Bill Clinton is not acting like a lame duck President content to merely serve out the remaining year of his term in office. In his State of the Union Address to Congress and the nation Jan. 27, he offered up a smorgasbord of program activity both great and small.
Near the very end of the hour-long speech, in a section on "community," he turned to hate violence. He referred to a list of victims, including "A young man [ Matthew Shepard ] murdered in Wyoming simply because he was gay." Clinton renewed his call for passage of the Hate Crimes Prevention Act and the Employment Non-Discrimination Act ( ENDA ) , as well as reauthorization of the Violence Against Women Act.
"No American should be subjected to discrimination in finding a home, getting a job, going to school or securing a loan. Tonight I propose the largest ever investment to enforce America's civil-rights laws. Protections in law must be protections in fact," the President said.
But for lesbians and gays, the problem is that neither existing federal laws nor the proposed ones supported by the President include protection in areas of housing or loans. Nor do they resolve a multitude of other legal issues created when civil law disregards gay relationships by denying them the benefits and protections conferred through state-sanctioned marriage.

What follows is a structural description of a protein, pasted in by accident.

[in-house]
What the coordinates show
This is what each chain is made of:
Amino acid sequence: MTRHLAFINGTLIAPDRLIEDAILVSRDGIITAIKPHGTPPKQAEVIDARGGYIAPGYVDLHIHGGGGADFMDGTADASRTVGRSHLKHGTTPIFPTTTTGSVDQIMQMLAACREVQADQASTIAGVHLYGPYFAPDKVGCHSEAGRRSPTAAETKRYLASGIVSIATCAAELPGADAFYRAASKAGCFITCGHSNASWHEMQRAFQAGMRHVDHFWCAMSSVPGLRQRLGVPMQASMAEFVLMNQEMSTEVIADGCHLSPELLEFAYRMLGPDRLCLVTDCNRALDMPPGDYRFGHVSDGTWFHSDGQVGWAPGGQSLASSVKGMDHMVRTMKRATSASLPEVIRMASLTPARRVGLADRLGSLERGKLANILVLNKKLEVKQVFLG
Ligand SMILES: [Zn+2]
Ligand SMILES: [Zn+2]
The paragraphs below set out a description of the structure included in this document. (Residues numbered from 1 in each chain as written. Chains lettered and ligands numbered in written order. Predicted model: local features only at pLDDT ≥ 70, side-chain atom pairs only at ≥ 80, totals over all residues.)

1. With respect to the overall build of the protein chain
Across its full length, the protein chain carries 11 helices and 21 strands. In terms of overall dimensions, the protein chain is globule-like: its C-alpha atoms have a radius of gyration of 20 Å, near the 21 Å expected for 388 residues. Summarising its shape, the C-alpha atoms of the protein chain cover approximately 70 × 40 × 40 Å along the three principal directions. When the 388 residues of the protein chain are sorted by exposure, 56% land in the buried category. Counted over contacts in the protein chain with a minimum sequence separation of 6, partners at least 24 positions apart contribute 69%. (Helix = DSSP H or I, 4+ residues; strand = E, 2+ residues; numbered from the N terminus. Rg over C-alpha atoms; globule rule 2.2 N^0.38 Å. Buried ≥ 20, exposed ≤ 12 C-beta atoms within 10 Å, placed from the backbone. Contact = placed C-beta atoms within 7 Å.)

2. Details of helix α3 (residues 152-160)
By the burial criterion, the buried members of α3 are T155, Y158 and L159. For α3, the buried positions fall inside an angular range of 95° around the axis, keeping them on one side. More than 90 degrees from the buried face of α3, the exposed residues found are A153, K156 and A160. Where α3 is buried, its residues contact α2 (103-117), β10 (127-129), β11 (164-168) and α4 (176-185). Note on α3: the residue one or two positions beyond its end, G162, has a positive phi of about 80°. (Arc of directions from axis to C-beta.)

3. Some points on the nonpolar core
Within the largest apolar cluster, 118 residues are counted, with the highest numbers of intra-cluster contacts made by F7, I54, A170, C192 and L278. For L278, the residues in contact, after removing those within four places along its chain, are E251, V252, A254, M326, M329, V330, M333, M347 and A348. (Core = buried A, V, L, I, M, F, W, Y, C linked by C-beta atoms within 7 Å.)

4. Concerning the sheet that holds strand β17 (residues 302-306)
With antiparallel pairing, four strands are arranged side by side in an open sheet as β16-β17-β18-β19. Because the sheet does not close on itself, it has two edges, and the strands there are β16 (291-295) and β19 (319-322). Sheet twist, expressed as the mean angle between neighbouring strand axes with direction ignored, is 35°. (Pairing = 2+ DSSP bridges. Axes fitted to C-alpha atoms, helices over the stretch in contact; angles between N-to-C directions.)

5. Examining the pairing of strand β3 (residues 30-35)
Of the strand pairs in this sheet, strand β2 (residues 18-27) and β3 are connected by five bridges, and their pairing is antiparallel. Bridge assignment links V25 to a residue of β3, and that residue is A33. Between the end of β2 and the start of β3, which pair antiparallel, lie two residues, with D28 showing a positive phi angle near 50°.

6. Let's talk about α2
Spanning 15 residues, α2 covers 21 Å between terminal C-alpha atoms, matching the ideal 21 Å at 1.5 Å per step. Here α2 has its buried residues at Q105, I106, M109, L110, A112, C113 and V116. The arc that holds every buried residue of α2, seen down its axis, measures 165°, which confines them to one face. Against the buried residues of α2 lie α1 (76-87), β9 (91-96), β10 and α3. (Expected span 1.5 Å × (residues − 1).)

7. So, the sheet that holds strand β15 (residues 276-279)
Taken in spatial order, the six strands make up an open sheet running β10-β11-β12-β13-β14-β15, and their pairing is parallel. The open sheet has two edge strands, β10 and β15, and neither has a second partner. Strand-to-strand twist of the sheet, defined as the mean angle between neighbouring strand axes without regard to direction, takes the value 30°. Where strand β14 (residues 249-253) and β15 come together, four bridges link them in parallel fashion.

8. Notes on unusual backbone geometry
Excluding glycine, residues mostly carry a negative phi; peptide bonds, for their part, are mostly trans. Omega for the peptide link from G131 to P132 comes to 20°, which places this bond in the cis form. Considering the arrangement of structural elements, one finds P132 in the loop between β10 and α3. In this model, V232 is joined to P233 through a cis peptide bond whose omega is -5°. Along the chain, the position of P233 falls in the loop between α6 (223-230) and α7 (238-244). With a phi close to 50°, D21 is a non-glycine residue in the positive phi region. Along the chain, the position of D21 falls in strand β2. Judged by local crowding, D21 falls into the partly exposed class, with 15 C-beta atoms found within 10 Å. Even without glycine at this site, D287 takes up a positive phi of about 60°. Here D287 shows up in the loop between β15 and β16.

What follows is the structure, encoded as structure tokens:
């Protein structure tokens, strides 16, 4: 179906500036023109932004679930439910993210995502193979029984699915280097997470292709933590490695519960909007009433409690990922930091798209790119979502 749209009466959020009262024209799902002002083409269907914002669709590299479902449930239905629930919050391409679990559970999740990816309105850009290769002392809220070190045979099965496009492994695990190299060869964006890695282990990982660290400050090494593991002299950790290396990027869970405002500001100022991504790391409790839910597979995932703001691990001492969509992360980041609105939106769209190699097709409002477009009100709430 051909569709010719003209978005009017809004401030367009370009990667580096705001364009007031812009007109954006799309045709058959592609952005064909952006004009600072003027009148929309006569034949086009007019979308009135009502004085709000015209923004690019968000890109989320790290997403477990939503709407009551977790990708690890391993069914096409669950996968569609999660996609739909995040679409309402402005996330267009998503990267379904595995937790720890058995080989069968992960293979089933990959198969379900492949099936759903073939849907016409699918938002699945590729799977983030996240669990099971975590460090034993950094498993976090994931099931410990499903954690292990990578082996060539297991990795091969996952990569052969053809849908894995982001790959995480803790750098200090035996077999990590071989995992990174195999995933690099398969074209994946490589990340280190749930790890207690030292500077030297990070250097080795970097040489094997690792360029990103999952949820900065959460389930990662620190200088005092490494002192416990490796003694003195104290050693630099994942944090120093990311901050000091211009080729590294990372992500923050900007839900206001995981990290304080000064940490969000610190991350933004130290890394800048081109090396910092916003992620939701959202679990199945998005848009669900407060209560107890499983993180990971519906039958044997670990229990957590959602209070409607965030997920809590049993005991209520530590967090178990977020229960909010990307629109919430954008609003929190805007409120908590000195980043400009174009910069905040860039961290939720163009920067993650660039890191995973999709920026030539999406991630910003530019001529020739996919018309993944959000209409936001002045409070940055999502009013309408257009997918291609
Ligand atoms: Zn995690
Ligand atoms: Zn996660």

That was the only time that Clinton spoke the word "gay." There was no mention of lesbians or transgendered people.
The President did mention AIDS twice. The most extended passage focused upon an additional $150 million to fight AIDS and other infectious diseases, primarily in Africa. He also supported a tax credit for private industry working to develop vaccines against these diseases. Rep Nancy Pelosi of San Francisco has pushed that measure.
In the days leading up to the address the White House made clear that it is seeking incremental increases in funding for AIDS services. AIDS advocates continue to be disappointed by the fact that the likely budget will not include substantial increases for prevention activities. The CDC estimates that 40,000 people become infected with HIV each year. That number is increasingly among young Blacks and Hispanics, principally men having sex with men.
Clinton also is proposing a $1 billion increase in total funding for research at the National Institutes of Health ( NIH ) . That is a little more than 5 percent above its current budget. It is more than the likely increase in the cost of living but less than the rate of inflation in healthcare. By contrast, last year the President asked for a 2 percent increase for NIH and the Republican-controlled Congress passed a 15 percent increase.
Another initiative being pushed by the President is a $3,000 tax credit for those taking care of someone who is severely disabled. That could have a significant financial impact upon lesbians and gays who care for their ailing partners. However, details of the program remain to be worked out. There is a significant possibility that LGBTs will not be included within the definition of those who are eligible for the benefit, just as they were not specifically included in the original draft of the government's health master plan, Healthy People 2010. Vigilance will be required.